There was something going on most evenings, so even those who travelled on their own could socialise with other delegates, and the social events were also open to non-participating companions, so nobody was left out. 36 of us took part in the Safari Suppers, which proved a great way of getting to know people - whether they were speakers, delegates, or companions.

 

But all good things must come to an end, and our last day was marked by an astronomical event - the partial solar eclipse. When we woke up on Friday morning the clouds had parted, so there was a good view for those who had the right equipment, like Ged and David:

 

 

The course finished with two special sessions: the first was a real-death murder mystery - Chris Paton told us about Scotland's longest unsolved murder case, in which his ancestor was the victim! We then heard from Rebecca Probert about the early 19th century travels and travails of the wife of a soldier in the British Army who fought in Spain and Portugal.

 

Not everyone could make the end-of-course dinner, but 82 of us crowded into the O Farol restaurant at the resort on the last night - and the question on everyone's lips was "Will you do it again next year?".

 

We'll have to see.......

 

Whatís your Match Potential?

How successful have you been in your search for living cousins? The Match Potential figure shown on your My Summary page tells you how many new living relatives you ought to have found by now, assuming average luck, based on the number of relatives you've entered (from different censuses) on your My Ancestors page.

 

Every time you make an additional entry your Match Potential goes up - but it also goes up when other members enter their relatives. For example, my Match Potential went up from 6.7879 in December to 7.0025 at the end of March.

 

Your Match Potential goes up fastest when you enter relatives from the 1881 England & Wales census - the 1881 Scotland census is next, followed by the 1841†††††††††† England & Wales census and the 1881 Canada census. Remember that it's the members of your direct ancestors' extended families - their brothers, sisters, nephews, nieces and cousins - who are most likely to provide the vital links to your 'lost cousins'.

 

Save on printed family trees

Genealogy Printers will print family trees of almost any size and ship them almost anywhere in the world! You'll get a 10% discount when you give your LostCousins membership number when you ask for a quote (it's shown on your My Summary page and begins with the letters 'LC').

 

Review: File Under Family

Let me say right away that even I was shocked by some of the language in this book. But it was used sparingly and appropriately, not gratuitously - and there was no point at which I had any reservations about recommending this wonderful book. I simply didnít want it to end!

 

The heroine of the story is a trainee probate researcher - or heir hunter. Having been contacted in the past by an heir hunter who wanted to take a 40% share of the estate of my relative, I have a fairly low view of them, so I should have disliked her - and yet the more I learnt about Anna and her complicated life, the more I liked her. She wasn't perfect, but she worked hard - and still found time to look after her family.

 

Assigned to a fairly straightforward case - to trace the heirs of a middle-aged lady living on her own - Anna finds herself getting more and more absorbed in the case. But that's not all that's going on in her life - though to tell you any more would spoil the voyage of discovery that I enjoyed so much. It's a wonderfully human tale, and whilst it's one which is more about families than family history that didn't spoil my enjoyment in the slightest.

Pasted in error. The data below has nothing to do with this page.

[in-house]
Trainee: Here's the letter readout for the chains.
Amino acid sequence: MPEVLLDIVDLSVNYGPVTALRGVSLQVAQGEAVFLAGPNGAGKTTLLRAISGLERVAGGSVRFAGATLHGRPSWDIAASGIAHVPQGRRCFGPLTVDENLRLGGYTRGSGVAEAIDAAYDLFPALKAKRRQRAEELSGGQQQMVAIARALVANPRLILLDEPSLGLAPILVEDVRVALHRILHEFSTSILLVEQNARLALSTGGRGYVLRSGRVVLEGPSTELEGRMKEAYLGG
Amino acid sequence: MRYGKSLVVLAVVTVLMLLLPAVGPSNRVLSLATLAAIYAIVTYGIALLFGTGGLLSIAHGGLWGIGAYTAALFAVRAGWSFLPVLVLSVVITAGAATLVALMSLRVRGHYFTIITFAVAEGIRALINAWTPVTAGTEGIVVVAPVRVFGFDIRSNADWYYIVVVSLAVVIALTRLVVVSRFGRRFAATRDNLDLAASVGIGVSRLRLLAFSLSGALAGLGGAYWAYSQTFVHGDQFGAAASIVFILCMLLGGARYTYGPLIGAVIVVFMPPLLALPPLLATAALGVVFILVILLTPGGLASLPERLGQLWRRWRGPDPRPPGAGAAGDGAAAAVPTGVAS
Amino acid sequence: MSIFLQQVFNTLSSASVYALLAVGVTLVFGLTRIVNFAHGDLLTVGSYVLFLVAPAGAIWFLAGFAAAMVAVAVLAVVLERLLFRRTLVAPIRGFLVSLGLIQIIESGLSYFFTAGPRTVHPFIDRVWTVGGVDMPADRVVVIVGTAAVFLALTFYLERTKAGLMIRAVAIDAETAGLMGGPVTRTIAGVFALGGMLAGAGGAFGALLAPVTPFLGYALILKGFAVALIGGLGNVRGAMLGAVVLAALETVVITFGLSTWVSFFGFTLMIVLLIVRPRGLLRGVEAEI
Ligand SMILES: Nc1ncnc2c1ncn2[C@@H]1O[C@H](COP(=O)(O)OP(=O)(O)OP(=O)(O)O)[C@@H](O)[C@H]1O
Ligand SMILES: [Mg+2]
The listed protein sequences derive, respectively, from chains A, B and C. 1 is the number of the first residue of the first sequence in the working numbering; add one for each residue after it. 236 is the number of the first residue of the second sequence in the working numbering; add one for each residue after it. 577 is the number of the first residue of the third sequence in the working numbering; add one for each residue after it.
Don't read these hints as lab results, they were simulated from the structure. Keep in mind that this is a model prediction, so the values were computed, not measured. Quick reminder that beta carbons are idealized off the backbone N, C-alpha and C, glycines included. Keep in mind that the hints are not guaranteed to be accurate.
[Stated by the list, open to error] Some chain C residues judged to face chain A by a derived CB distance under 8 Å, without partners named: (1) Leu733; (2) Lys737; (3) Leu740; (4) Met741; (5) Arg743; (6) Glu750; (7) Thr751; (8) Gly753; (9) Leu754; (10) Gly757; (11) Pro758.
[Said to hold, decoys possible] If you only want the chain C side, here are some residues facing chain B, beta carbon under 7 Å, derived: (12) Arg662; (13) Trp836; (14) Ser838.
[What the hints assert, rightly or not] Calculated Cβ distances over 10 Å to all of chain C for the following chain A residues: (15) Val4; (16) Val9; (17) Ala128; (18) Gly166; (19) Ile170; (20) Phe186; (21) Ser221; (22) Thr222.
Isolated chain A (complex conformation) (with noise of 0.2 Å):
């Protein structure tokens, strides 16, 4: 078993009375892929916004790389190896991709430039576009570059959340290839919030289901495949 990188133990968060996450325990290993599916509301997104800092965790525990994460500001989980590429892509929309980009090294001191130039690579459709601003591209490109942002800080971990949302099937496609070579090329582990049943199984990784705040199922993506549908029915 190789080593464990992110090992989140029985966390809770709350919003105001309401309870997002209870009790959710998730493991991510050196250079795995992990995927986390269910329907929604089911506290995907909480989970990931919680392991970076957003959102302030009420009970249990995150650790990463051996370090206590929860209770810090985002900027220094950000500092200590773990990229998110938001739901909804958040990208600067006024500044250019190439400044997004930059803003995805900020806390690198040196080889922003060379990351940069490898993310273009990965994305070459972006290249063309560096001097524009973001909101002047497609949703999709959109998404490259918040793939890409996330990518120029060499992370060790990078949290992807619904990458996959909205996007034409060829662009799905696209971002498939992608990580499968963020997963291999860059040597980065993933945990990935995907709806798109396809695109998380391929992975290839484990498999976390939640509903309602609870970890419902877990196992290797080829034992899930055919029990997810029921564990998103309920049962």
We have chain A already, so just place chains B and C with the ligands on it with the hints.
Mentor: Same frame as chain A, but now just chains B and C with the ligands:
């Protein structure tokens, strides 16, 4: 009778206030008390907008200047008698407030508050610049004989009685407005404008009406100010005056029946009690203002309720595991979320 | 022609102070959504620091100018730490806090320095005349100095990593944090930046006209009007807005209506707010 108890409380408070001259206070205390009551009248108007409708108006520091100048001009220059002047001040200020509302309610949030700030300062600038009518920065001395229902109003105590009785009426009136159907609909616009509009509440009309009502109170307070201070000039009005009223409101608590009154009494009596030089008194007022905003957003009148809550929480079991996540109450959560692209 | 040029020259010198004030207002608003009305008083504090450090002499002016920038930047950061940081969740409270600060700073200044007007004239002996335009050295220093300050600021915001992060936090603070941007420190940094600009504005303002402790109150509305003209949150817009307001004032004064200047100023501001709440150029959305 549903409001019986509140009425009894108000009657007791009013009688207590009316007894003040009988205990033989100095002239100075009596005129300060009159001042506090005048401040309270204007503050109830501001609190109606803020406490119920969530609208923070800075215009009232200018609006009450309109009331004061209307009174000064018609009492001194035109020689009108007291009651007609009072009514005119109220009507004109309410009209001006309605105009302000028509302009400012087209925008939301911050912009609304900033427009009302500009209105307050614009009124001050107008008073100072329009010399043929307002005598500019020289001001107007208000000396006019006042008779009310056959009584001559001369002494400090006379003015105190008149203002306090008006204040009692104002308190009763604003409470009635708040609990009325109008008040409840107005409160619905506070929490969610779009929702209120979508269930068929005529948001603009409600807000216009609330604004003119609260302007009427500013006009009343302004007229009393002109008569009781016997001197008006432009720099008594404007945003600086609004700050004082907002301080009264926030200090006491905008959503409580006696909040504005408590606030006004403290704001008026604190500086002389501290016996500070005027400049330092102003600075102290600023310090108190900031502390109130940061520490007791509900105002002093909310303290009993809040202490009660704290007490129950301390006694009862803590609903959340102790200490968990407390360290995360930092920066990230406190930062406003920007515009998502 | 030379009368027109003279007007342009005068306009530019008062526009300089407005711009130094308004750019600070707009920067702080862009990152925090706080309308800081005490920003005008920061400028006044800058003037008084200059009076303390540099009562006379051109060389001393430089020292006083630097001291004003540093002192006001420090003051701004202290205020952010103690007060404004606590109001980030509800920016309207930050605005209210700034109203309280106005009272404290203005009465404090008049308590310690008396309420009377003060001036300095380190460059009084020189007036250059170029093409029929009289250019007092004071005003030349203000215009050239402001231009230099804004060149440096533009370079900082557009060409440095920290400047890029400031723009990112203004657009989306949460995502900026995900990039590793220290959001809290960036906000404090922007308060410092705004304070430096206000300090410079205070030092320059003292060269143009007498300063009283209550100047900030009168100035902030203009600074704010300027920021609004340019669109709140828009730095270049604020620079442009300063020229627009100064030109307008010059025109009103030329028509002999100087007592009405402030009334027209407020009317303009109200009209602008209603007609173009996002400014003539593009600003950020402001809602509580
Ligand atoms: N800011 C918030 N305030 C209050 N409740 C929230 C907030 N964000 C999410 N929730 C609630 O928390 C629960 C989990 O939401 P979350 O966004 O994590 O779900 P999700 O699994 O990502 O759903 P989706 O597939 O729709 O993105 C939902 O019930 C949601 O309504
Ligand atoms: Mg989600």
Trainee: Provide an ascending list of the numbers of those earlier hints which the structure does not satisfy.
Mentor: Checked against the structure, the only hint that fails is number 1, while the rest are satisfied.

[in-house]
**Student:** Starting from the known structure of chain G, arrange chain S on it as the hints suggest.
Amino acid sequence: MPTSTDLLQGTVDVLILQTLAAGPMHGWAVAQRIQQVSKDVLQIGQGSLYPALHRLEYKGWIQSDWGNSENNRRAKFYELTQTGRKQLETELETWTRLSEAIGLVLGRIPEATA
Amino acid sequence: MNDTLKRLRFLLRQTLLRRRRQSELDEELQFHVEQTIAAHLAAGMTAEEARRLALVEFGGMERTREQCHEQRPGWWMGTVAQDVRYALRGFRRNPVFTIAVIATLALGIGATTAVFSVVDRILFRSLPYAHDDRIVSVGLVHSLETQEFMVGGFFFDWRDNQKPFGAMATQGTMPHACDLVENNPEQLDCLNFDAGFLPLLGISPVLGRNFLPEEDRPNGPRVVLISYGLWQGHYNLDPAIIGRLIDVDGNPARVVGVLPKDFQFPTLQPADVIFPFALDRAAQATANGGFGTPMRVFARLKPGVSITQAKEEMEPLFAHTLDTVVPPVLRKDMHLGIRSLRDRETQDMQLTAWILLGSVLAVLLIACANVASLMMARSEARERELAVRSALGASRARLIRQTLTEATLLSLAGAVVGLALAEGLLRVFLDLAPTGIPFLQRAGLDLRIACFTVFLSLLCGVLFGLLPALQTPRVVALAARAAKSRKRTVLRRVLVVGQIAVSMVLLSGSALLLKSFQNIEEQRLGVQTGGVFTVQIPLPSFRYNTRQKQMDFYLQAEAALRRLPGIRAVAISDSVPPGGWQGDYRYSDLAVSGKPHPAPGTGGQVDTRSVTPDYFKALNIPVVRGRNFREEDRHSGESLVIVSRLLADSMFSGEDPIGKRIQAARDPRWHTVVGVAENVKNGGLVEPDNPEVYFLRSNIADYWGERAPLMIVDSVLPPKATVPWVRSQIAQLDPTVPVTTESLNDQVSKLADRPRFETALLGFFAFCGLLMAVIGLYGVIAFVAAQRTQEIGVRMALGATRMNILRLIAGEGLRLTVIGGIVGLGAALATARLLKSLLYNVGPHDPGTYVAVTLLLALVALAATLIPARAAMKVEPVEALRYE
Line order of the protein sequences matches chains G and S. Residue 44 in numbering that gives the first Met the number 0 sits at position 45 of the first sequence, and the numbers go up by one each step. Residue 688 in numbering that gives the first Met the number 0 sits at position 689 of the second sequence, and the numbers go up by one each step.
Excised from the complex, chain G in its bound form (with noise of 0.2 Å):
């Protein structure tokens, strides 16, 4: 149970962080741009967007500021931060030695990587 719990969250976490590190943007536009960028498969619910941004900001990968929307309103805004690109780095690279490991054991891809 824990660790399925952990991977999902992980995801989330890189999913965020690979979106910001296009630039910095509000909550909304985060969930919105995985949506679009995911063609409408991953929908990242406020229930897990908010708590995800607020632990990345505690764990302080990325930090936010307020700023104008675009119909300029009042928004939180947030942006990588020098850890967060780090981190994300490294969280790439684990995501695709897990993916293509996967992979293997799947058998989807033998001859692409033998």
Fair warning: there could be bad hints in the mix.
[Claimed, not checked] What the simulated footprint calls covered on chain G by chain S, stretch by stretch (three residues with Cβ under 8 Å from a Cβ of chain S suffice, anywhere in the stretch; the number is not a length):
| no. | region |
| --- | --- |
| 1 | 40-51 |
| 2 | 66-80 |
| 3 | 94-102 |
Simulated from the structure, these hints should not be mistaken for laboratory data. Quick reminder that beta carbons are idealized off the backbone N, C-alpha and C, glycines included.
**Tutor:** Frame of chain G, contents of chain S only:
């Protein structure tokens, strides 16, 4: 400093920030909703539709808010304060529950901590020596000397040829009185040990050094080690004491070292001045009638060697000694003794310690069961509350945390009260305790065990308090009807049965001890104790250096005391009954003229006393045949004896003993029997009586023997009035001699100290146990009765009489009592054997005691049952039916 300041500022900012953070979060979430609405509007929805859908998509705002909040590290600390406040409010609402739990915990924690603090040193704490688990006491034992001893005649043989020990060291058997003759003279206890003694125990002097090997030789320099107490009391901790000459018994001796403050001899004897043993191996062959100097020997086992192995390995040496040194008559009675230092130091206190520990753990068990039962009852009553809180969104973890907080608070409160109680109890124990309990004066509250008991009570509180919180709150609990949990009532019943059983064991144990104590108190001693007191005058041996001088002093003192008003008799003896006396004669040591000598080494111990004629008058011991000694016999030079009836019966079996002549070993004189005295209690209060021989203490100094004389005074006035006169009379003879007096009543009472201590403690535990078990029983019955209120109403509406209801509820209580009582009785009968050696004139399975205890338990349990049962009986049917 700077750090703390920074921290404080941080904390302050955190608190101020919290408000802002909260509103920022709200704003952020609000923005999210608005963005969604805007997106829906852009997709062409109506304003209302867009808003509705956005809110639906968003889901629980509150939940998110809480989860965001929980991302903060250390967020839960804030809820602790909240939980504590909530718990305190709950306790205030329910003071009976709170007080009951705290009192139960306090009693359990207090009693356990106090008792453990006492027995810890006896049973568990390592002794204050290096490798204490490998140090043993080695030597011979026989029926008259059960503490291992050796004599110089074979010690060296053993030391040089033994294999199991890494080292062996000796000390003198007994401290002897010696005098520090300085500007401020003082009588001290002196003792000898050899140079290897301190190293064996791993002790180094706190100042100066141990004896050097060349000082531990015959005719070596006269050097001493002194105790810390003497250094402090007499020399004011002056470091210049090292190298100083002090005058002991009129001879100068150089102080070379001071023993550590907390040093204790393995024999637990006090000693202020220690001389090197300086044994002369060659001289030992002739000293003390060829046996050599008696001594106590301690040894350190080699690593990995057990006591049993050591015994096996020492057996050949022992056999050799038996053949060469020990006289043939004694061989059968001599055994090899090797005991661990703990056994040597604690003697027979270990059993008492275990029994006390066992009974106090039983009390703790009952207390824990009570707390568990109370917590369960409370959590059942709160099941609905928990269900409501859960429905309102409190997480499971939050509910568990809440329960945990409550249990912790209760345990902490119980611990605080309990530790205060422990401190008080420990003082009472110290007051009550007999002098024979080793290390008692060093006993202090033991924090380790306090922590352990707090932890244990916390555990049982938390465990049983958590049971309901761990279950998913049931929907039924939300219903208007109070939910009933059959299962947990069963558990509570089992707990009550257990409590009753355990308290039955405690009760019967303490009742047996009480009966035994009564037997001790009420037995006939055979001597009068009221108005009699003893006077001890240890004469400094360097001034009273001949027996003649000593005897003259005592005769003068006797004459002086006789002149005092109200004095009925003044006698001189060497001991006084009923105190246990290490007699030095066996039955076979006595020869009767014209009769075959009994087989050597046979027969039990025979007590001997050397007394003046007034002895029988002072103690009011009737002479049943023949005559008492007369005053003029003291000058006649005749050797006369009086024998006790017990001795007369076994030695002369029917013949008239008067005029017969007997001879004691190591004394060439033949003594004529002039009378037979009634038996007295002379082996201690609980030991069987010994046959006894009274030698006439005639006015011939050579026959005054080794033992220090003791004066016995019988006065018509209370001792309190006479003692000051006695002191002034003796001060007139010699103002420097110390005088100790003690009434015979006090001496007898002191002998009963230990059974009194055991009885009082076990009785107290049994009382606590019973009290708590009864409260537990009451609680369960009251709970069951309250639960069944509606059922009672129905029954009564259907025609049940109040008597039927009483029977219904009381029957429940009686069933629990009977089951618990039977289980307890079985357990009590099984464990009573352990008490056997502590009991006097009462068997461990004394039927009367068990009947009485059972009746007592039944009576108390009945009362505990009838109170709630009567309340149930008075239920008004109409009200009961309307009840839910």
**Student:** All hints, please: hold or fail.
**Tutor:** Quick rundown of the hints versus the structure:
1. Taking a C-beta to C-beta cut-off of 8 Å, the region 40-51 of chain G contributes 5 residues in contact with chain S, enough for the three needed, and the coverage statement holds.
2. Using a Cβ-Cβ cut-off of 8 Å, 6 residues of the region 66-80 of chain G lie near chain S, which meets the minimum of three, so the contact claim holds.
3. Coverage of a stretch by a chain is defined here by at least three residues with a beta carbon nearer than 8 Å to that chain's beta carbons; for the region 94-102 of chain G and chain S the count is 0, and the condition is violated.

Highly recommended, File Under Family is currently only available as a Kindle book (but remember you can read Kindle books on almost any device - I read this one on my smartphone). You can help to support LostCousins if you use one of the links below (they'll take you straight to the relevant page at the site):

 

Amazon.co.uk Amazon.com Amazon.ca†††† Amazon.com.au

 

I'm glad to say that there are going to be three books in the series (this is the first) and the second one is out already. I'll let you know what I think when I've read it!

 

Review: The Daddy of All Mysteries

A month ago Liz wrote "to recommend a book called The Daddy of All Mysteries, which is the true story of a woman's search for her father - she was illegitimate and really only wanted to know if he had loved her mother. I couldn't put it down as the story had many twists and turns."

 

Currently only available as a paperback the book has 13 reviews on Amazon.co.uk, ALL of them awarding 5 stars - and on top of that, the author turned out to be a LostCousins member. I had to read it!

 

It falls neatly into two halves: the first half talks about Jess Welsby's early life in Liverpool, her eventual realisation that she was illegitimate, and the family that she knew - all from her mother's side (they were Irish Catholics). Then she describes how, after her mother's death, she came across a letter which pointed towards the identity of her father - and that's when it really gets interesting. A little clue here, a little clue there - suddenly the pieces start to fall into place, though there are plenty of blind alleys and wrong turnings, and inevitably some of the information she discovers turns out to be misleading.

 

It's a tale that will inspire many to have another bash at their own 'brick walls' - and Jess's joy when she eventually meets people who knew her father reminds us all how family history is about so much more than names and dates.

 

Whilst it isn't the sort of book I'd normally read (because I get so many interesting stories sent to me by LostCousins members, and have such limited time) - I'm not in the least surprised that it has proved so popular with reviewers. Let's hope that it becomes available as an ebook before too long!

 

Stop Press

This is where I'll post any last minute additions.

 

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Peter Calver

Founder, LostCousins

 

© Copyright 2015 Peter Calver